Breeding Bird Censuses: An Evaluation of Four Methods for use in Sclerophyll Forest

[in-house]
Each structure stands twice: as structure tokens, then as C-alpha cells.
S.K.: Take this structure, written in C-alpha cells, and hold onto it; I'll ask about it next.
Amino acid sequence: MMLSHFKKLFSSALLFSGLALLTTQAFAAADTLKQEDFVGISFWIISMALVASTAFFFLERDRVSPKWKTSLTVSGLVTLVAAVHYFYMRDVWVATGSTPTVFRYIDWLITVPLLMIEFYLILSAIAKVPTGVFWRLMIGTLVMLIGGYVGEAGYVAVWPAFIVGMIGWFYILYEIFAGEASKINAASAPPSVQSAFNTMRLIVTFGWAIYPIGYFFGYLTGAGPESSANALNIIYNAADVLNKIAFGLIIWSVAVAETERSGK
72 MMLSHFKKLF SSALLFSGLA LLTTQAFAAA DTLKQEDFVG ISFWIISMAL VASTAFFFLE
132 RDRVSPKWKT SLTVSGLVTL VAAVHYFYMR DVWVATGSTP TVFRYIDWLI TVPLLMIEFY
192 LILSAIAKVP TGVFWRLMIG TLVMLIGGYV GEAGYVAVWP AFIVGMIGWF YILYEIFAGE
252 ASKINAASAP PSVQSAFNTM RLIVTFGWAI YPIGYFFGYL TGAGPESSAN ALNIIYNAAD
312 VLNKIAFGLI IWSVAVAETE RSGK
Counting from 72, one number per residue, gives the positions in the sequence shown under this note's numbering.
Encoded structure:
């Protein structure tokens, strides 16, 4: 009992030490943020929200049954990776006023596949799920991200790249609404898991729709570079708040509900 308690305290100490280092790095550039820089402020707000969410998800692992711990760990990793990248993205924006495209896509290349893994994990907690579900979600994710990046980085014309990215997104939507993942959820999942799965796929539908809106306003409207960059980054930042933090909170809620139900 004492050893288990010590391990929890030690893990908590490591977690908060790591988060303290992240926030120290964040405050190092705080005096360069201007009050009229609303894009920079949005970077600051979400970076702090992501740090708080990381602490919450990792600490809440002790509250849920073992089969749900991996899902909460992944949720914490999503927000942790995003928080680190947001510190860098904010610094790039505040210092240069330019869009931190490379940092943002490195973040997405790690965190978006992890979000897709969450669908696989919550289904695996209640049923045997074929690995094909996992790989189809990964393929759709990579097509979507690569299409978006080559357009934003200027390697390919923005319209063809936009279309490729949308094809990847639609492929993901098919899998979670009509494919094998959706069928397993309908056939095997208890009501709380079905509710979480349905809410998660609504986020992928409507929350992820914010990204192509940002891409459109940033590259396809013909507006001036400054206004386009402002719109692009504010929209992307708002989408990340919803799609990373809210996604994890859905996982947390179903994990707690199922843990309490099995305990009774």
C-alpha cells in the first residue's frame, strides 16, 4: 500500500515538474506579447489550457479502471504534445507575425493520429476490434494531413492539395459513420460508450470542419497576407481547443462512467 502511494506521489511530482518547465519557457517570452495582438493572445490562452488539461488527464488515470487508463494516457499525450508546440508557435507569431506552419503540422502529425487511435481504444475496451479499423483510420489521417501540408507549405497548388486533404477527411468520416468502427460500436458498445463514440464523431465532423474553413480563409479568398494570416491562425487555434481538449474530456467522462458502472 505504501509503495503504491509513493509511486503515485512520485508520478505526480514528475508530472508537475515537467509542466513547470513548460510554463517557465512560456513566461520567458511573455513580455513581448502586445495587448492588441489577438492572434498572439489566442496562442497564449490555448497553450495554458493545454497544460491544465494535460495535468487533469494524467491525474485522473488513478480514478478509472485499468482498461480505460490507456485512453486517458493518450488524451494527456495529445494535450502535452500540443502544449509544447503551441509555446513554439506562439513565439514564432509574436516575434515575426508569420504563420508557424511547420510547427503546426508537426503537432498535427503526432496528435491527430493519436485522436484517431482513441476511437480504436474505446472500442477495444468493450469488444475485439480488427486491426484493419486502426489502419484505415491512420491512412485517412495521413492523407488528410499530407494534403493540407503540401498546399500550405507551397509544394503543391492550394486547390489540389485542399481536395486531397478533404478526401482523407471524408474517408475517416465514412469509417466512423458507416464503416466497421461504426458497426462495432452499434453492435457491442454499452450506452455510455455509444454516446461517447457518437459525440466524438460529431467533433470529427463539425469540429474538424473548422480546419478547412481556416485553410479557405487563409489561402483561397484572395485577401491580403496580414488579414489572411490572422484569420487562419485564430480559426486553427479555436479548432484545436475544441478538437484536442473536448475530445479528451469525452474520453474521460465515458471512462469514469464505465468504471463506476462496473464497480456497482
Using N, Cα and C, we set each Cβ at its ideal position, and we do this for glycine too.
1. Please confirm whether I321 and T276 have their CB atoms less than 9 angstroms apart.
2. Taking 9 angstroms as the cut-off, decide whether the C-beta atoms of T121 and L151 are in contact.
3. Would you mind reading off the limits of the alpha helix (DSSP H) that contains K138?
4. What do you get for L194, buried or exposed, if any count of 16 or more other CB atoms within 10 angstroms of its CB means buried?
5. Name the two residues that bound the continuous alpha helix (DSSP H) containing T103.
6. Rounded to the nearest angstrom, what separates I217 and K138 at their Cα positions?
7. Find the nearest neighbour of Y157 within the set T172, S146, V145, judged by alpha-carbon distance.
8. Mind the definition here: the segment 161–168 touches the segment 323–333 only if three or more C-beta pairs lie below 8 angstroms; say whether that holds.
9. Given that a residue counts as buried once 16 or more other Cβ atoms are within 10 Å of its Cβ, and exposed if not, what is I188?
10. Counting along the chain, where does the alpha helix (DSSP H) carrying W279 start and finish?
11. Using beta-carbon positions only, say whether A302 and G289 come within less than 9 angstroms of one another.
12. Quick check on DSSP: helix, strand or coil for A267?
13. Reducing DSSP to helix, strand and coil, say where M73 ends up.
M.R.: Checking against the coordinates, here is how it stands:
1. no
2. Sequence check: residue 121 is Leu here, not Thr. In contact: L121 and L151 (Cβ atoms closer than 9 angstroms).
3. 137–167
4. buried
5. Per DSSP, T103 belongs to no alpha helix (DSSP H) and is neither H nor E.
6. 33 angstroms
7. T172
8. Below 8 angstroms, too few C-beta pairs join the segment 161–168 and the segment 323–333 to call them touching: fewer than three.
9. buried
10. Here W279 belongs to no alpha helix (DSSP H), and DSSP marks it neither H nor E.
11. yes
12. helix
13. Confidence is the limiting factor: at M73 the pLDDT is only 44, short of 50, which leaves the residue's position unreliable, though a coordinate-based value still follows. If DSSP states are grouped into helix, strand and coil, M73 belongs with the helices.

Four methods were used to census birds in forest and woodland near Bombala on on the Southern Tablelands of New South Wales. None was completely satisfactory, but a modified strip transect procedure provided repeatable estimates of the relative abundance of most species. The most accurate estimates of the abundance of individual species were obtained by combining territory mapping with colour banding of individuals and intensive searches for nests. Mist netting was necessary to colour band birds, but by itself was not particularly useful as a census procedure. Mist netting was also the most time consuming method used and required the greatest number of people. Mapping and nest searches were also time consuming, but could be done by one person. Transect counts took the least effort and can be regarded as the most efficient use of resources where an estimate of relative abundances is all that is required.

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